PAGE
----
Just what that means remains to be seen, but Nissan is reportedly in active discussions with the ACO (the body that governs the race) to see how far it can stretch the regulations. The ACO has taken an intriguingly different approach to equalizing performance, mandating the maximum amount of energy that can be used per lap instead of telling teams what kind of engines they can use. That's how Porsche is entering with a four-cylinder engine, Toyota with a V8 and Audi with a diesel six. But when it comes to the shape of the car itself, the rules are considerably more restrictive.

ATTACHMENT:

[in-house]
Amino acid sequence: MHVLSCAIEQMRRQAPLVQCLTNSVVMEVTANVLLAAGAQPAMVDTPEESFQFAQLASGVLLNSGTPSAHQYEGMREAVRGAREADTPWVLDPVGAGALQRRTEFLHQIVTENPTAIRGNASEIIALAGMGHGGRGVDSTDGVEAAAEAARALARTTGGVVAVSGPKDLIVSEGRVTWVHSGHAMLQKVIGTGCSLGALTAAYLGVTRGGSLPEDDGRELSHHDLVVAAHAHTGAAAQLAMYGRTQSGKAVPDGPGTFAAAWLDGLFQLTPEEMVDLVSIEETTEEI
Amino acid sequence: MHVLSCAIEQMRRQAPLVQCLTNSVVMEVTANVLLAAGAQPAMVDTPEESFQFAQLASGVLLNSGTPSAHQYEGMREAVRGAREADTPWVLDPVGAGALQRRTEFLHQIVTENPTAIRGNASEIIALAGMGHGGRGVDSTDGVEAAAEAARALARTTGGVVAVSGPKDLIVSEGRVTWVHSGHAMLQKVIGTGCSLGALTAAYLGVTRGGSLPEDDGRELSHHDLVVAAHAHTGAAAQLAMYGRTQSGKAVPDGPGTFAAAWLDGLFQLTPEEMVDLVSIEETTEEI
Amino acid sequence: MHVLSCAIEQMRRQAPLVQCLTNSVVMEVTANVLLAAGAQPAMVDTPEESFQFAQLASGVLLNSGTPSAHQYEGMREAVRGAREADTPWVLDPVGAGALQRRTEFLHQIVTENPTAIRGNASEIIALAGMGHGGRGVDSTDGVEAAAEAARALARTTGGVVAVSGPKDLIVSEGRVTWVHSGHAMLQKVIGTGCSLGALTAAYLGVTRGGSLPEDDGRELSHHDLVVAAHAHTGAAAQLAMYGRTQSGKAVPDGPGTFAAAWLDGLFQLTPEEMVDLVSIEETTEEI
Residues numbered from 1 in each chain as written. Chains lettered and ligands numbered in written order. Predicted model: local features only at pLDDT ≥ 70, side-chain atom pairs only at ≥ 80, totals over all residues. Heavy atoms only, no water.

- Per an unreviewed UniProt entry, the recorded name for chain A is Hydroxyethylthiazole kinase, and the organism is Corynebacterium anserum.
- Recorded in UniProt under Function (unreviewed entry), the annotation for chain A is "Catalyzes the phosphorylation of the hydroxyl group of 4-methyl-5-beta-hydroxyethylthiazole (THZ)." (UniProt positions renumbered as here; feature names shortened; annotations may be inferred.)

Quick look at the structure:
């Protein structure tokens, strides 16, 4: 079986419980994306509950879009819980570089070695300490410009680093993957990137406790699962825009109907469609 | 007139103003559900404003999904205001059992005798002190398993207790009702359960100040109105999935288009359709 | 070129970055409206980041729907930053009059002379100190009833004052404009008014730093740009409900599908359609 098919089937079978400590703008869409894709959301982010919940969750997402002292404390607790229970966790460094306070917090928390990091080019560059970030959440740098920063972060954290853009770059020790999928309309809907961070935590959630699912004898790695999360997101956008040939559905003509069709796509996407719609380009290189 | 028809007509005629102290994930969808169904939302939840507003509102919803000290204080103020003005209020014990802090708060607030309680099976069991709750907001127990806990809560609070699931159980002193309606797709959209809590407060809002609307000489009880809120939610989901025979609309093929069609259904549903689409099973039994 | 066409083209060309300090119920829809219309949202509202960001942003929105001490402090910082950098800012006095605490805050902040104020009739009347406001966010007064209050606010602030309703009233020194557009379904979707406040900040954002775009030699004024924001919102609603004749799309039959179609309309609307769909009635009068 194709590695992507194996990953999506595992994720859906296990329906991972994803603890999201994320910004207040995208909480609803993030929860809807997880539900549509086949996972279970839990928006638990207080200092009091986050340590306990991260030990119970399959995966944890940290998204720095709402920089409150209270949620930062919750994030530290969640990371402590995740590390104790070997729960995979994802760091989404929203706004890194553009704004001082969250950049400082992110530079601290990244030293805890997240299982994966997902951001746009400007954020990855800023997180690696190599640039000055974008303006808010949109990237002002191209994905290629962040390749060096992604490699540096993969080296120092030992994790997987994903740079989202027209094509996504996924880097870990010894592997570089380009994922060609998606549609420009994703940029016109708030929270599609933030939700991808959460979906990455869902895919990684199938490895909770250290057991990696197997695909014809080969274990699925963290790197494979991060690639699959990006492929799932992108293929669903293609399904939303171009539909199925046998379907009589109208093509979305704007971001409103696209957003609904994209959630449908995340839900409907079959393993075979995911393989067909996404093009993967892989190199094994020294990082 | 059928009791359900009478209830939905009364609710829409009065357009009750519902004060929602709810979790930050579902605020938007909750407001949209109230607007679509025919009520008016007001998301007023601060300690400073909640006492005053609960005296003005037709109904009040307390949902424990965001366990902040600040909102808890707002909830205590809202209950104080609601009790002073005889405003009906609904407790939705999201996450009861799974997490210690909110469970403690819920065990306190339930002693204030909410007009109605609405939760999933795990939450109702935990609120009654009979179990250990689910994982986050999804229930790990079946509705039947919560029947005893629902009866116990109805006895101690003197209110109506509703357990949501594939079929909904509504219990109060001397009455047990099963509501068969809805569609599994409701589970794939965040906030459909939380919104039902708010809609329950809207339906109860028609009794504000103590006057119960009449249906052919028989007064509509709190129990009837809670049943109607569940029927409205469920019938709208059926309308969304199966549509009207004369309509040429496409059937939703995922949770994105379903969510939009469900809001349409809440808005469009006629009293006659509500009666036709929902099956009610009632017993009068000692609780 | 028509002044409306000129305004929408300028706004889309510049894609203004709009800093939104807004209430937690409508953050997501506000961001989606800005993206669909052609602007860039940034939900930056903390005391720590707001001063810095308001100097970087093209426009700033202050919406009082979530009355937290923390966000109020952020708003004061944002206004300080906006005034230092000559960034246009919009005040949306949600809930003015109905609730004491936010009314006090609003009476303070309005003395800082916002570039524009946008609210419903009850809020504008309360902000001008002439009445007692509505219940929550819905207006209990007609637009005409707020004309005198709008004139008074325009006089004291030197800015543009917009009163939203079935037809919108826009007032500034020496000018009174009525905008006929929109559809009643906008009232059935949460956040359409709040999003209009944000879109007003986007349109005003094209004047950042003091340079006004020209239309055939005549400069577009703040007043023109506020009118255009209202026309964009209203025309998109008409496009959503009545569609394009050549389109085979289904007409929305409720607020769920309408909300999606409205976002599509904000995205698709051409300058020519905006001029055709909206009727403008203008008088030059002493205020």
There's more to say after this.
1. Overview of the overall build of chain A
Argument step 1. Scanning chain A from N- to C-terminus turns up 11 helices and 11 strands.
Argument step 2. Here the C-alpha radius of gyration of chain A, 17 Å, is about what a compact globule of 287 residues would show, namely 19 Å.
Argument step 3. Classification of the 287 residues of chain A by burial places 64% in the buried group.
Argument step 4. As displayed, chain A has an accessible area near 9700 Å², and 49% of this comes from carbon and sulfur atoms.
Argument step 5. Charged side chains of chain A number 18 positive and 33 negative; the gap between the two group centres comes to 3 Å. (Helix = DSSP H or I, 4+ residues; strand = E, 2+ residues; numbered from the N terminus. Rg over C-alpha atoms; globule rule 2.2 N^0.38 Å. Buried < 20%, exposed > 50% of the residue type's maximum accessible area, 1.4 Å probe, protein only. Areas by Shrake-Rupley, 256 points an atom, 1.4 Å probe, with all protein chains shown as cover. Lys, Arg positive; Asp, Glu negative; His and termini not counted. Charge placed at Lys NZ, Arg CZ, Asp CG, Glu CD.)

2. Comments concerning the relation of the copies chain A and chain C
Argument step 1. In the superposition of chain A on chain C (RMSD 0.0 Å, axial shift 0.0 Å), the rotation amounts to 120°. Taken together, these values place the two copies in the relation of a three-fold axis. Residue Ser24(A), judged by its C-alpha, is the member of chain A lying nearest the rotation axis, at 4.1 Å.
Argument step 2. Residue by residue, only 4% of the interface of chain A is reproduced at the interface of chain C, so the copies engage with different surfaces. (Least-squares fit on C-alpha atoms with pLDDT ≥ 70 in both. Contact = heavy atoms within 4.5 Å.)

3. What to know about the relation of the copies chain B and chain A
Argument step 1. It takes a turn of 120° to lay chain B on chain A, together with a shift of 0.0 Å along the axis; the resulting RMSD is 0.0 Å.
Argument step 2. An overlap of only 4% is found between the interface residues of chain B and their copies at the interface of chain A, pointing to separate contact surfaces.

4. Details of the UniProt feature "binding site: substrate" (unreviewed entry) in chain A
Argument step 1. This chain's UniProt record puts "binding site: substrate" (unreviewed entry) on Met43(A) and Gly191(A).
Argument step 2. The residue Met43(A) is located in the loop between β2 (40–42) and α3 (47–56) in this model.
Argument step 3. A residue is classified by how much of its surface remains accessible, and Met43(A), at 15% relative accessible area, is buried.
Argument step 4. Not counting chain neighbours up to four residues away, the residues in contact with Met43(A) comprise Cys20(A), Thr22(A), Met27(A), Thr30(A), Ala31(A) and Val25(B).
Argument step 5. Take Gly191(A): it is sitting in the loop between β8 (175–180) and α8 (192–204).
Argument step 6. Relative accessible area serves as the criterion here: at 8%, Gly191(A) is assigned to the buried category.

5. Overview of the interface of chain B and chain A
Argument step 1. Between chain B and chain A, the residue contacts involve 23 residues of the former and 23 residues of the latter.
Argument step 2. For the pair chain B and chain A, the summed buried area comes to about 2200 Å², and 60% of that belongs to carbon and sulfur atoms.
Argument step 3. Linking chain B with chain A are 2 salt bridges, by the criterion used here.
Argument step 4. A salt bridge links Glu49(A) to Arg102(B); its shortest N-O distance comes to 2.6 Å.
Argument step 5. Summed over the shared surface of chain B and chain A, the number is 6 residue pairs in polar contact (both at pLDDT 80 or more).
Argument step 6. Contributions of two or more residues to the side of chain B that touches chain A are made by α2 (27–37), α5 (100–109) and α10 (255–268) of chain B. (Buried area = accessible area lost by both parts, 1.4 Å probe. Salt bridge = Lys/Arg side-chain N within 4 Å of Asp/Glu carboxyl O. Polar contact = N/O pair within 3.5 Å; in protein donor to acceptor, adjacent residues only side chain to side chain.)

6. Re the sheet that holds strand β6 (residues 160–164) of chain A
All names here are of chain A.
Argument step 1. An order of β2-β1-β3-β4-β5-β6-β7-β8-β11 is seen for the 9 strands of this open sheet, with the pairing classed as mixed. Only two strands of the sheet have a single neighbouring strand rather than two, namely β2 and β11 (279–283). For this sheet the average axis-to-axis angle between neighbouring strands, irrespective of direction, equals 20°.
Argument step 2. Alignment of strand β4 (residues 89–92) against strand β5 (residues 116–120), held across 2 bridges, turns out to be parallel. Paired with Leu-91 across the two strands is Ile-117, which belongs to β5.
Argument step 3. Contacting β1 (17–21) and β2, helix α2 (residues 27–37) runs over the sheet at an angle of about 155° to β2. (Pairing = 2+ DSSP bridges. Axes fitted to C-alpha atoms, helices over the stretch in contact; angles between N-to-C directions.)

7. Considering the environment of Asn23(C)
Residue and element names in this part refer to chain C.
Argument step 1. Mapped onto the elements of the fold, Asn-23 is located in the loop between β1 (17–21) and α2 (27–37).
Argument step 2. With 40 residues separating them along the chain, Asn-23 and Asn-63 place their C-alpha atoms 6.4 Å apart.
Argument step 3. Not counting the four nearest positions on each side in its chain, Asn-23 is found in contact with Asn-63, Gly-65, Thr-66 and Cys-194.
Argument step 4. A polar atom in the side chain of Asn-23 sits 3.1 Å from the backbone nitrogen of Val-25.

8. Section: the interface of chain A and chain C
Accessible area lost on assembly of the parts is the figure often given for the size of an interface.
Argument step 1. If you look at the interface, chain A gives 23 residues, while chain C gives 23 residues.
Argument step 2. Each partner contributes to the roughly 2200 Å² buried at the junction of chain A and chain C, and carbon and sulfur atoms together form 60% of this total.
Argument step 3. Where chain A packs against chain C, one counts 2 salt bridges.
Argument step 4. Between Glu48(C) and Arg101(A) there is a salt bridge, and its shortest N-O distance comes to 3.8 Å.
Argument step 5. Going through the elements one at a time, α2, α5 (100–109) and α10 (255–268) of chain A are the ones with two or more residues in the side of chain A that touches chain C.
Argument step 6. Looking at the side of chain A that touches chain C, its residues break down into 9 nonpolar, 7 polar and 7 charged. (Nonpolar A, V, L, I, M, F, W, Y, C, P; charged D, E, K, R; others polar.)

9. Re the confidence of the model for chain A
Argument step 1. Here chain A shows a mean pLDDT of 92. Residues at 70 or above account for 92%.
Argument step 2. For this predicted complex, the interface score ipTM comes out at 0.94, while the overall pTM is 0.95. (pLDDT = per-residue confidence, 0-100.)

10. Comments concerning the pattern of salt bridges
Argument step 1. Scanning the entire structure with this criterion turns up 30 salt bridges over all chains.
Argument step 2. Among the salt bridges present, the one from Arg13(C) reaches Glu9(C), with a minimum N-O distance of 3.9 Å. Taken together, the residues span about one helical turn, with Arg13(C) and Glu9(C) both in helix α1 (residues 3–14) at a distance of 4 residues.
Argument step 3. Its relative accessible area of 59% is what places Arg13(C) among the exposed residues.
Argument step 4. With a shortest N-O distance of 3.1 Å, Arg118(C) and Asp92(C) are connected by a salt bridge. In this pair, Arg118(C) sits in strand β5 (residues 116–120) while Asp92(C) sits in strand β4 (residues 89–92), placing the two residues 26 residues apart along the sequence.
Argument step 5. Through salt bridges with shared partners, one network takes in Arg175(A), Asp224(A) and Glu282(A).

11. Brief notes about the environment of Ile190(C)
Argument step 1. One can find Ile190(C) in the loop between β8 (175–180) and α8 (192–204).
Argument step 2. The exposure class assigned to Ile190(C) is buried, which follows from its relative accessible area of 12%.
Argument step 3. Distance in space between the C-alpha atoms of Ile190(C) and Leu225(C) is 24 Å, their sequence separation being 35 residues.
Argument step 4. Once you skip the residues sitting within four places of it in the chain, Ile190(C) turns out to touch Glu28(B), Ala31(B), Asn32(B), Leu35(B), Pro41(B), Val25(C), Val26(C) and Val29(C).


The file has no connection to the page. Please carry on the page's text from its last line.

Unfortunately the rules would prohibit Nissan fielding the ZEOD RC (with its narrow front track) in the LMP1 class, relegating it instead to the Garage 56 slot for experimental racers (which the DeltaWing filled before). And the realities of endurance racing would effectively prohibit anyone from fielding an all-electric racer. Within those confines, though, Nissan is eager to find enough wiggle room to make something both visually and technically different from other LMPs. And if the ACO won't let it do so at Le Mans, it could turn to another race or series (like the Nürburgring 24) that would.